Dan, Dan and Jen head out to Hop Island this week for a scientific equipment maintenance trip.

Hop Island crew install new sea bird monitoring cameras

Last weekend, myself (Dan D) and colleagues Jen S. and Dan B. were fortunate enough to visit beautiful Hop Island for two nights to do some fieldwork in support of the Australian Antarctic Division (AAD) seabird research program. Located at the tip of the Rauer Island group on the far side of the Sørsdal Glacier from Davis station, Hop Island is home to a huge variety of bird life.

After arriving at the hut and unpacking our gear, we went for a walk up the nearby hill. As we reached the top, we were treated to a panoramic view of the different seabird colonies: Adélie penguins, Cape petrels, Antarctic petrels and southern fulmars. Skuas were perched on strategically located rocks, with the occasional Wilson’s storm petrel flitting around. The calls of the circling seabirds mixed together with the drone from the penguin colony and echoed off the rocks and ice floes, giving the scene a strangely prehistoric feel.

Our first task was to visit each of the three automatic nest cameras on the Island to carry out some repairs and collect the images to send back to the AAD seabird researchers in Hobart. Each is deliberately placed in a spot with an excellent view of the subject species, to allow researchers to see arrival and departure times for the birds during the year, and to provide other contextual information (which would be difficult to collect during the rare opportunities for visits).

The first camera we visited is located partway down the side of a gully overlooking a group of quiet and unassuming Antarctic petrels, who patiently put up with their noisy fulmar neighbours on the opposite slope.

Next, the Adélie camera is located on some rocks at the top of a hill with a view of part of the huge Adélie penguin colony. Naturally, we took some time to sit and quietly watch the activities of the penguins. They were occupied with feeding their chicks, stealing rocks from their neighbours, fighting off neighbours trying to steal their rocks, keeping an eye on the ever-present skuas, and being chased around by their hungry chicks who constantly demand more food. It wasn’t hard to see why the adults were taking a bit of time off by having a nap on a nearby ice floe or snow drift.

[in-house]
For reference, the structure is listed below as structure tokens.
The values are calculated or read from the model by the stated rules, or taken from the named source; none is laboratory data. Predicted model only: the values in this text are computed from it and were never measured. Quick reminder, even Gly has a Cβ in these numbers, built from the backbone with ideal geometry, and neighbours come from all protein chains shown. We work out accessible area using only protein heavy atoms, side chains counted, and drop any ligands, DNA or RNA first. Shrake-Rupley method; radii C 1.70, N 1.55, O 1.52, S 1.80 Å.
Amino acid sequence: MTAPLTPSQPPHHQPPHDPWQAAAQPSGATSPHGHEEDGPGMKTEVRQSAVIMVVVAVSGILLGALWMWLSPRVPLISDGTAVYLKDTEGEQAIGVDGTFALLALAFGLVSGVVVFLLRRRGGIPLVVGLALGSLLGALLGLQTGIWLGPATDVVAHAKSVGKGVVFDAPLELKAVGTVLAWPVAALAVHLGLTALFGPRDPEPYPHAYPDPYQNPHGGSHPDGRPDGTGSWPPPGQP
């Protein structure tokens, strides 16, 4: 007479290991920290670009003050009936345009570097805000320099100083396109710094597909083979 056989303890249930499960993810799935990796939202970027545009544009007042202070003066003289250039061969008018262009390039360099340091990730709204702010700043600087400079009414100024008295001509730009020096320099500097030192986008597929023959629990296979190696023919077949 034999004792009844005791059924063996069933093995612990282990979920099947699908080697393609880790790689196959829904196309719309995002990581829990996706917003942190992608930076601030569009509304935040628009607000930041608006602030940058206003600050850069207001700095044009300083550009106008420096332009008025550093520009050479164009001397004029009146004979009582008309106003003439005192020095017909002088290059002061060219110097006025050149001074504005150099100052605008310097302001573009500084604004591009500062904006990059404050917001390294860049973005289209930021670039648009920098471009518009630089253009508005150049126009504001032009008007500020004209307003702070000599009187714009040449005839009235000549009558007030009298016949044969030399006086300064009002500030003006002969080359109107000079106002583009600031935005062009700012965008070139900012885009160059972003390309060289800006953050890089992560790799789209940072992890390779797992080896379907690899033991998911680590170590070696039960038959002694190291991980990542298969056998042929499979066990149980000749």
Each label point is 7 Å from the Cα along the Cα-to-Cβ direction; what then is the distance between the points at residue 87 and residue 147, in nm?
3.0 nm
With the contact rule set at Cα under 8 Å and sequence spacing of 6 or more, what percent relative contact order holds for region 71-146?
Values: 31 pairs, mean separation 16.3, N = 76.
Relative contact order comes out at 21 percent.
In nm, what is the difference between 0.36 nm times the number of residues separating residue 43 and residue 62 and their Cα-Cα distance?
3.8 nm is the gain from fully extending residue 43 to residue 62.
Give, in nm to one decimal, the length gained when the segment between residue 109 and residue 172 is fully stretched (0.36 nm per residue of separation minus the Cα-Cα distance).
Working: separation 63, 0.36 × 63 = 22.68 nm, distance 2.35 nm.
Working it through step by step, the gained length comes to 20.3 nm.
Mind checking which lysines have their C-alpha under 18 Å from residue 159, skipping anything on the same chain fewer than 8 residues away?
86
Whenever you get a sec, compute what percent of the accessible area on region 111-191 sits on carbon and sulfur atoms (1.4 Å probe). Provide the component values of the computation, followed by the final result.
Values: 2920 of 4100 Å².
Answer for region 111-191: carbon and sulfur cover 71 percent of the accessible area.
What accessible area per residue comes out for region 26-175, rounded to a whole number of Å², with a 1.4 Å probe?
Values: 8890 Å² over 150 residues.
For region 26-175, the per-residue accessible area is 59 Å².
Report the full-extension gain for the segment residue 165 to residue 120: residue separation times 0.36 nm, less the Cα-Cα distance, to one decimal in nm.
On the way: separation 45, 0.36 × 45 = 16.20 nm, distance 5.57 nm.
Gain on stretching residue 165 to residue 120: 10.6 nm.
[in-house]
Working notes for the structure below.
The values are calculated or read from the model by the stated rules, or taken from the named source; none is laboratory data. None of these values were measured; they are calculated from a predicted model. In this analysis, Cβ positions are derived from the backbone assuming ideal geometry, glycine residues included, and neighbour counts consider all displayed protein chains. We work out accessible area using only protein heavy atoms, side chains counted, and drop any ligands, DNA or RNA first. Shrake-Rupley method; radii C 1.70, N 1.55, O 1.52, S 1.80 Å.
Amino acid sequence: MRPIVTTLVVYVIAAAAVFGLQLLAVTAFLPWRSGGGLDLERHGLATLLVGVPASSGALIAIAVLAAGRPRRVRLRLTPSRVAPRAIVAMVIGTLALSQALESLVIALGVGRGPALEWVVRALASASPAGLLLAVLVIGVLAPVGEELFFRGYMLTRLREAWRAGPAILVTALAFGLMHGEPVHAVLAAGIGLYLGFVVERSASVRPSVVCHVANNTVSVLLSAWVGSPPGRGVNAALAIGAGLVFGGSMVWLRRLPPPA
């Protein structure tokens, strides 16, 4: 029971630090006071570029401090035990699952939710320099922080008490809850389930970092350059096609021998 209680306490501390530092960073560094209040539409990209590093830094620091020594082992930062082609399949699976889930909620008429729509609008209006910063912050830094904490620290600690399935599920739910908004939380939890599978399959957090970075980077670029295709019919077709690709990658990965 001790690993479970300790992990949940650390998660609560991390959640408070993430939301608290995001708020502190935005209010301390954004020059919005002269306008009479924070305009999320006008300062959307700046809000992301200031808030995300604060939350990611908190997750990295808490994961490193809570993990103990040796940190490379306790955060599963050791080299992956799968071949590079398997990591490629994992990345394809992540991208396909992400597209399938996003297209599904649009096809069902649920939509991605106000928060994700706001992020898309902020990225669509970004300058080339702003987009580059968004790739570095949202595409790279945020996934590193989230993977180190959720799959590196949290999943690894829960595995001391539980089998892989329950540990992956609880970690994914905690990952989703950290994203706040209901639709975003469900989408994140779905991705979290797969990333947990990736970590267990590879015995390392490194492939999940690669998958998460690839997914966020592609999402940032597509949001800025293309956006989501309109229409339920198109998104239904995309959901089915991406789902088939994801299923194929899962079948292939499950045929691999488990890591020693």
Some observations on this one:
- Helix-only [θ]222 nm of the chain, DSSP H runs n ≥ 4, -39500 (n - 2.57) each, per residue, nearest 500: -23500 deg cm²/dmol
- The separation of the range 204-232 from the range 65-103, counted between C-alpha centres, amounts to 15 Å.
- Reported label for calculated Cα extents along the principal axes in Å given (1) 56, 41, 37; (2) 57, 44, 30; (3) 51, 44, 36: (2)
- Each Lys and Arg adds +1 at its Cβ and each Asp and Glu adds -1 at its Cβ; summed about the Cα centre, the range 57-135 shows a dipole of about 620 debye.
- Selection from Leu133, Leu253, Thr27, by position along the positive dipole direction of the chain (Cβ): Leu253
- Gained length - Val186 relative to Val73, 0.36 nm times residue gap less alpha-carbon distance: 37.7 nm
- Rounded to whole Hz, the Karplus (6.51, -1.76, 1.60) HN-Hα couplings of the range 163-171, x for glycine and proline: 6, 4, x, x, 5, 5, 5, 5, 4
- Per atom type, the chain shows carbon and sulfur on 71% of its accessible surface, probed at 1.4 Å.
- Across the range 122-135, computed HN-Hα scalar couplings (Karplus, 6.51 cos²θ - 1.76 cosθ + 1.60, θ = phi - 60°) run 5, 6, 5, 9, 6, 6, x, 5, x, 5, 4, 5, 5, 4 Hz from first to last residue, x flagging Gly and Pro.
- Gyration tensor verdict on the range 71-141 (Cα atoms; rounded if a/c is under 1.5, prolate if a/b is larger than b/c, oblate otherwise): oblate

While I’d assumed that nest-building is an activity the penguins are mainly concerned with only at the start of the breeding season, it quickly became obvious that nest upkeep is a full-time job, with the general objective being to find or steal new rocks at roughly the same rate as the ones they have are stolen by their neighbours.

The last camera we visited was the fulmar camera, which required a bit of a detour to avoid several particularly zealous skuas. Being swooped by a magpie in Australia can be intimidating enough, so given that skuas are about four times the weight, it didn’t take long for us to get the hint and stay well clear.

Our final tasks were to do some hut maintenance and establish a new nest camera site overlooking the Cape petrel nesting area, which will hopefully afford a good view of their comings and goings throughout the year. It was hard not to feel a little self-conscious about our earlier bemusement at the penguins rock-gathering antics, because we soon found ourselves emulating them by amassing our own pile of rocks to hold the newly assembled nest camera in position. One can only imagine the penguin’s envy at our much more impressive pile.

Dan Dyer (Electronics Engineer)